A recent Nature Neuroscience review paper by Josef Rauschecker and Sophie Scott is worth a look. On my reading, the paper is an attempt to reconcile or integrate Rauschecker's Dual Stream model, a 'what'/'where' model, with the version of a Dual Stream model that we (Hickok & Poeppel, 2000, 2004, 2007) and others (e.g., Richard Wise, Sophie Scott, et al. 2001) have been promoting, namely a 'what'/sensory-motor model. There's lots of good information and ideas in the paper (many of them previously elaborated) and it is good to see that Rauschecker is now agreeing with us that the dorsal stream supports sensory-motor integration. However, the effort to reconcile/integrate the 'where' and sensory-motor functions of the dorsal stream fall short in my view as do some of the more general claims by these authors.
Here are some of the claims made by R&S that I believe are not supported by existing evidence:
1. "Speech perception and production are left-lateralized in the human brain" p. 720
2. "This expanded scheme [their model] closes the loop between speech perception and production and proposes a common computational structure for space processing and speech control in the postero-dorsal auditory stream" p. 722, figure caption.
3. "The postero-dorsal stream interfaces with premotor areas and pivots around inferior parietal cortex, where a quick sketch of sensory event information is compared with a predictive efference copy" p. 722, figure caption.
4. "The postero-medial planum temporale area ... is an auditory area important in the act of articulation" p. 721. [emphasis added to indicate where the statement is incorrect]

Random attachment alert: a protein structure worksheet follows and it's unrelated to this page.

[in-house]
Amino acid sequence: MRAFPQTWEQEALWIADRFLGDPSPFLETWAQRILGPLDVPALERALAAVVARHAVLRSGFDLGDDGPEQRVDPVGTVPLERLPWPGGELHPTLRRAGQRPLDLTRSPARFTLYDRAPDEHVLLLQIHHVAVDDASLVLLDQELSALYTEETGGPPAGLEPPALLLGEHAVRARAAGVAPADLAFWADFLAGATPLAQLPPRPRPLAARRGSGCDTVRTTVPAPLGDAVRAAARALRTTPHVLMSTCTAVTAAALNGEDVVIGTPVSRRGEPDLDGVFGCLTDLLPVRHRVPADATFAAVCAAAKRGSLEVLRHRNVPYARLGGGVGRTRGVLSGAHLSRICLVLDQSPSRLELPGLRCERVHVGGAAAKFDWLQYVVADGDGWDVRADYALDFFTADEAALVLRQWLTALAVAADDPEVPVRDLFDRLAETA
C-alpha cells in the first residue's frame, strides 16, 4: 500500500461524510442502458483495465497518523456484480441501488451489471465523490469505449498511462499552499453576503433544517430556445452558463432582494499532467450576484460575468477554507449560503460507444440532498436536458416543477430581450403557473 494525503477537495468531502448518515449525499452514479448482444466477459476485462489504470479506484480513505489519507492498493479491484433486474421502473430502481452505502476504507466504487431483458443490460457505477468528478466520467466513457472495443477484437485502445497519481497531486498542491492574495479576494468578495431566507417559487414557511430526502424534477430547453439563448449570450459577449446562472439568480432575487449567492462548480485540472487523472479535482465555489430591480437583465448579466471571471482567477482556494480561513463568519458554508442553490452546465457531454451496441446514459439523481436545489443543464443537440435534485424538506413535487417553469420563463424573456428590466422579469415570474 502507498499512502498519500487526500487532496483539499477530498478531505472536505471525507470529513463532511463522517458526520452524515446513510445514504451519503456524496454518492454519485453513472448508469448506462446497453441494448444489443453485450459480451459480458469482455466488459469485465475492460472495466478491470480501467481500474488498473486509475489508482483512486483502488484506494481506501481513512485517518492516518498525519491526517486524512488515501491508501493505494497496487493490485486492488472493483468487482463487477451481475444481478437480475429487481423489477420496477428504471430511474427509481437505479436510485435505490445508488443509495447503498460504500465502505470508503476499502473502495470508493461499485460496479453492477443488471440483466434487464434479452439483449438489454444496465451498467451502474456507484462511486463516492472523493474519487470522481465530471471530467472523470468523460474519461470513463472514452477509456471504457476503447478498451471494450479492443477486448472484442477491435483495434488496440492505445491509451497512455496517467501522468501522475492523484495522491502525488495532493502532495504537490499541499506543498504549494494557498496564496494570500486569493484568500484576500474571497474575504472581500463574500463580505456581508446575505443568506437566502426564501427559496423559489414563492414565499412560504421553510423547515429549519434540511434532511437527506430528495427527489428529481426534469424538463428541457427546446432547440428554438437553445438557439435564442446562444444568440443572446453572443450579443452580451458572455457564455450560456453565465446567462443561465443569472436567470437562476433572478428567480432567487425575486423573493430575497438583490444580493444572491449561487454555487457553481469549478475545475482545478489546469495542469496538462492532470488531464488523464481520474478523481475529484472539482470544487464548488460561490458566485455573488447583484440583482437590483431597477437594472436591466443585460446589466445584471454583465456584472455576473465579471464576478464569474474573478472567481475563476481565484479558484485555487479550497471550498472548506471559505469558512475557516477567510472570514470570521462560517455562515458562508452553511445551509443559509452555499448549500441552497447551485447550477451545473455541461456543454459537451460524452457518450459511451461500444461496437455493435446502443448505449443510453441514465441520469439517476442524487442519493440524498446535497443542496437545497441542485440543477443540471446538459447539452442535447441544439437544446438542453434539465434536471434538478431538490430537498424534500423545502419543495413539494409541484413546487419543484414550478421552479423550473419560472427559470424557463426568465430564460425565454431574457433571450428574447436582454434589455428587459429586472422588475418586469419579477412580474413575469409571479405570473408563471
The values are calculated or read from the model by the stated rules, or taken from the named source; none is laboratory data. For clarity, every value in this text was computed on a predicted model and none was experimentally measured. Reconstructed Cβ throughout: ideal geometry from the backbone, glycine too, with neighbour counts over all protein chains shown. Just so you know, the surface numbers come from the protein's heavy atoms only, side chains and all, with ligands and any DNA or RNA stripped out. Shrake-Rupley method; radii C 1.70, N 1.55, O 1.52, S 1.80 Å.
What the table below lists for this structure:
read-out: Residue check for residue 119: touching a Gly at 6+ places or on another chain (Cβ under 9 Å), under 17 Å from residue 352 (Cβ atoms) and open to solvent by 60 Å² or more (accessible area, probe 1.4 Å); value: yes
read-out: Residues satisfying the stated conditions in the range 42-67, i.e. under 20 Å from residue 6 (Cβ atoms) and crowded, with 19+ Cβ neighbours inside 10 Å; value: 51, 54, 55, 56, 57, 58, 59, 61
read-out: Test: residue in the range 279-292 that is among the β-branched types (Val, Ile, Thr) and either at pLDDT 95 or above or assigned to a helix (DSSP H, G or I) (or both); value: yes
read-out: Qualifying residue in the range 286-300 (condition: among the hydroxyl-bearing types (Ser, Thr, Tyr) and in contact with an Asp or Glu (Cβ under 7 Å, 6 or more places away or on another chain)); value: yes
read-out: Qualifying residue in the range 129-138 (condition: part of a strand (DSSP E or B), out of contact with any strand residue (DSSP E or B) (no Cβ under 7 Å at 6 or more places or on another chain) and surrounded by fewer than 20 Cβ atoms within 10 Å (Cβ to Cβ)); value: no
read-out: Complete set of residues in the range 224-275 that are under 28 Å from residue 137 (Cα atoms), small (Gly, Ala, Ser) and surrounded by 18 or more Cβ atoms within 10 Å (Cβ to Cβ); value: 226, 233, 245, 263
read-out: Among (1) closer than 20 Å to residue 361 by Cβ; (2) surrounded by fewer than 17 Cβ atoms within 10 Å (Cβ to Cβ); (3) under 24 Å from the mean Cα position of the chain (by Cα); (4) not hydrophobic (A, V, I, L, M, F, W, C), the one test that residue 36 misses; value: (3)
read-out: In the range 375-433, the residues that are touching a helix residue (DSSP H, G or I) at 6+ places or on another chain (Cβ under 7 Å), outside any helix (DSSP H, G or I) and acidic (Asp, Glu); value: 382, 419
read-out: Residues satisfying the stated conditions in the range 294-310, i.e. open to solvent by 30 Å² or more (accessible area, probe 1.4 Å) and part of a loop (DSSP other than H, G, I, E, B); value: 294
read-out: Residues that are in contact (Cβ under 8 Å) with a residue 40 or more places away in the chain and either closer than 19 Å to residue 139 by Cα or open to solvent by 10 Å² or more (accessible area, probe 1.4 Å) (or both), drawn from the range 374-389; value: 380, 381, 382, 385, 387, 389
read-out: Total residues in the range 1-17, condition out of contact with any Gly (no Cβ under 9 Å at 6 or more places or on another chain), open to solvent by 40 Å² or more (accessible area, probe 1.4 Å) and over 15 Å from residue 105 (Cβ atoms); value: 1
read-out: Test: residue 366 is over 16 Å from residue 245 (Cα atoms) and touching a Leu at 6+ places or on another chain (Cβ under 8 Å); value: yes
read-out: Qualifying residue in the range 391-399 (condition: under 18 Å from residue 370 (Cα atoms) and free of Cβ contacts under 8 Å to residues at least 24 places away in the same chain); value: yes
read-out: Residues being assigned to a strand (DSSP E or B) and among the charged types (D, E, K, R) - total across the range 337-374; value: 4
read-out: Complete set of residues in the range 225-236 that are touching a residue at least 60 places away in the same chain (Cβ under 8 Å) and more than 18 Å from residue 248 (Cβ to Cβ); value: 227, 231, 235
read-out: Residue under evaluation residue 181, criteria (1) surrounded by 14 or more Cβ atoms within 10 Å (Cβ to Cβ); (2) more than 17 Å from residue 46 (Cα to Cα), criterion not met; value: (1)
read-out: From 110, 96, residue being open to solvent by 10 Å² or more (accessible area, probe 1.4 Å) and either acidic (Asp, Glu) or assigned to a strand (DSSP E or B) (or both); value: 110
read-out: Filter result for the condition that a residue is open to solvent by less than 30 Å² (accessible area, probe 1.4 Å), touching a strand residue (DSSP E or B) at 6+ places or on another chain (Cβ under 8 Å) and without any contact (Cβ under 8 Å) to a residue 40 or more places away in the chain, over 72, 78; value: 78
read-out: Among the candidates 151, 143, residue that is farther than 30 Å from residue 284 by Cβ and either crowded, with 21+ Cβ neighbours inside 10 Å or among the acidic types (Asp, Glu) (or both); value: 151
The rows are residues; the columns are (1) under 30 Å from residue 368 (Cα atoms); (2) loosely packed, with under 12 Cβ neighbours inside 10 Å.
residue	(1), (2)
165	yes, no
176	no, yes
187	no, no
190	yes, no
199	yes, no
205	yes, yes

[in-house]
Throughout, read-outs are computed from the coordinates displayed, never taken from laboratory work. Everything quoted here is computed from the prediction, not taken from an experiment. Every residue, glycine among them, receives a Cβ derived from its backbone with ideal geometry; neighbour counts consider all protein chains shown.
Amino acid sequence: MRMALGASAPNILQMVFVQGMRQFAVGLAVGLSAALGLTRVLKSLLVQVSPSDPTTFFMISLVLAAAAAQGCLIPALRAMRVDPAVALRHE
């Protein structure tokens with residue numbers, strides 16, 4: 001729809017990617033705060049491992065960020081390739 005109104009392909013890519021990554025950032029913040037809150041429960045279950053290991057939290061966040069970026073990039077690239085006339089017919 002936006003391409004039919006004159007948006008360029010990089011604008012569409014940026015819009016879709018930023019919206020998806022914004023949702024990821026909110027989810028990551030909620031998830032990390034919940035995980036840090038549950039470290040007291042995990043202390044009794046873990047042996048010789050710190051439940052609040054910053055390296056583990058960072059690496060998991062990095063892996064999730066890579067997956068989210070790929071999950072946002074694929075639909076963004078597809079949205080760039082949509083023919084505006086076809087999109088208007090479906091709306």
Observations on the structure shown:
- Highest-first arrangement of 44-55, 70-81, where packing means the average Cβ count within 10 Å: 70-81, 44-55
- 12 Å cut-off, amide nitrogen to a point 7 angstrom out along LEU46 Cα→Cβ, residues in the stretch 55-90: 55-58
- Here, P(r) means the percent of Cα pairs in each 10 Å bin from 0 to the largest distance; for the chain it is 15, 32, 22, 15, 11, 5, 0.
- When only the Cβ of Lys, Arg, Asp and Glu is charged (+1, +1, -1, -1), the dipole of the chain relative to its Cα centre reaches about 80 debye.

So let's take these in turn, one post at a time.
1. "Speech perception and production are left-lateralized in the human brain"
I won't argue with the claim that speech production is left-lateralized, but I will argue with the speech perception claim. Evidence from chronic lesion, acute stroke, Wada, and split brain studies have shown that damage to the left hemisphere produces only relatively mild effects on the perception of speech sounds (see Hickok et al. 2008 & Rogalsky et al. 2008 for recent data and discussion). Here, for example, is the brain lesion in a recent case we (C. Rogalsky, T. Love, S. Andersen, H. Damasio, G. Hickok) had the opportunity to study (watch for our forthcoming paper which describes several cases).
This patient performed at 100% accuracy in a four alternative forced choice (4AFC) word-to-picture matching comprehension test where all foils where phonological and at least one differed from the target by only one feature. Performance on a discrimination (same-different judgment) task involving pairs of words that differed by only one feature (e.g., goat-boat) was > 95% correct and non-word discrimination performed at 88% correct. This level of performance is not expected in a patient with no left superior temporal lobe given R&S's claim for left-lateralization.
Rauschecker, J., & Scott, S. (2009). Maps and streams in the auditory cortex: nonhuman primates illuminate human speech processing Nature Neuroscience, 12 (6), 718-724 DOI: 10.1038/nn.2331
Hickok, G., Okada, K., Barr, W., Pa, J., Rogalsky, C., Donnelly, K., Barde, L., & Grant, A. (2008). Bilateral capacity for speech sound processing in auditory comprehension: evidence from Wada procedures. Brain Lang, 107(3), 179-184.
Hickok, G., & Poeppel, D. (2000). Towards a functional neuroanatomy of speech perception. Trends in Cognitive Sciences, 4, 131-138.
Hickok, G., & Poeppel, D. (2004). Dorsal and ventral streams: A framework for understanding aspects of the functional anatomy of language. Cognition, 92, 67-99.
Hickok, G., & Poeppel, D. (2007). The cortical organization of speech processing. Nat Rev Neurosci, 8(5), 393-402.
Rogalsky, C., Pitz, E., Hillis, A. E., & Hickok, G. (2008). Auditory word comprehension impairment in acute stroke: relative contribution of phonemic versus semantic factors. Brain Lang, 107(2), 167-169.
Wise, R. J. S., Scott, S. K., Blank, S. C., Mummery, C. J., Murphy, K., & Warburton, E. A. (2001). Separate neural sub-systems within "Wernicke's area". Brain, 124, 83-95.
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